Facing Crossroads in Your Career: How DEVELOP and its game-based assessments can give directions
Originally posted: Friday, 13 October 2017, by Simone A.W. van Noord and Alec W. Serlie, GITP BV, The Netherlands, on develop-project.eu
DEVELOP offers a personalised learning environment for employees seeking to redirect, design, or further build their career path. Sometimes it might feel like you’re at a crossroads when it comes to your career. This DEVELOP platform will provide tailored advice in choosing the right path for you to take by offering a mix of instruments, such as game-based assessments, which measure your competencies.
The online DEVELOP environment allows you to set your own career goals, such as moving upwards within the organisation, finding out whether you should change jobs based on your competencies, or dealing with more responsibility in your current job role. No career plan to achieve these career goals is the same, because each of us has a unique personality, ability, set of competencies and social capital.
DEVELOP relates job roles to eight transversal competency clusters (i.e., the Great Eight): 1) analysing and interpreting, 2) creating and conceptualising, 3) organising and executing, 4) enterprising and performing, 5) leading and deciding, 6) supporting and cooperating, 7) interacting and presenting, and 8) adapting and coping. These eight competency clusters serve as a hub between different types of job roles; participants are shown their actual proficiency level and their potential.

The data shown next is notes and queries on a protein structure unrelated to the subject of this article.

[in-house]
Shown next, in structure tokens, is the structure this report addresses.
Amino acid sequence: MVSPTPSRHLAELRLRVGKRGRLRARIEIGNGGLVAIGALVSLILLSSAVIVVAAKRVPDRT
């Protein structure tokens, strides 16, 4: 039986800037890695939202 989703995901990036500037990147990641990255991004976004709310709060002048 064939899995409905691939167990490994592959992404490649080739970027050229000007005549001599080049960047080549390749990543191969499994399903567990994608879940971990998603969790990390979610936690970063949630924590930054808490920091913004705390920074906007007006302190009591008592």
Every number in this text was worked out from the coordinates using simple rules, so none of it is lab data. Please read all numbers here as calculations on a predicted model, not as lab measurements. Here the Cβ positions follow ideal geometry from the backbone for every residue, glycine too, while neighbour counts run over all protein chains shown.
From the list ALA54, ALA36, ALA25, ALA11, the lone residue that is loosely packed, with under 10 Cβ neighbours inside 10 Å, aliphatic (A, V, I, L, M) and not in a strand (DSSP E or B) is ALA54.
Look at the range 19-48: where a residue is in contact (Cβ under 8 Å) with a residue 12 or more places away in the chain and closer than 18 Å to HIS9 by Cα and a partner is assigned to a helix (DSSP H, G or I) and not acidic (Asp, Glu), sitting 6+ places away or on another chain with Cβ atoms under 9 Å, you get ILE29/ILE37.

The leadership game focuses on the “leading and deciding” cluster and assesses the participants’ proficiency level and potential in a fun, immersive and sound way.
The game is based on the Quinn model with two dimensions (control vs. flexibility and internal vs. external) that form four quadrants: 1) human relations, 2) open systems, 3) rational goal, and 4) internal process. The participant faces all kinds of situations that can typically occur in the workplace. They need to lead their team through these tough challenges by selecting answers that reflect the way they would respond in real life. True agile leaders show a balanced mix of all four quadrants and select the right answer the situation asks for.
The game makes a distinction between intention and behaviour; the survey at the beginning captures intention, whereas the actual game captures behaviour. These two components help in determining someone’s leadership proficiency and potential. With this insight, players can go back into the game and experience what alternative reactions lead to. They are helped by an e-coach who comments on the game player’s actions and makes suggestions for improvement.
The game also gives insights into other components of the leadership competency, such as risk factors, which may occur when under pressure.
The results of this leadership game will feed back into the participant’s personalised learning environments where they can see how their competency profile lines up with their career path and goals.
To gain a more in-depth understanding of the leadership game, read the whitepaper “The Leadership Game: An effective and fun way of assessing and developing agile leaders”.
To hear more about the making of the game, watch the webinar on “Assessing and developing agile leaders”.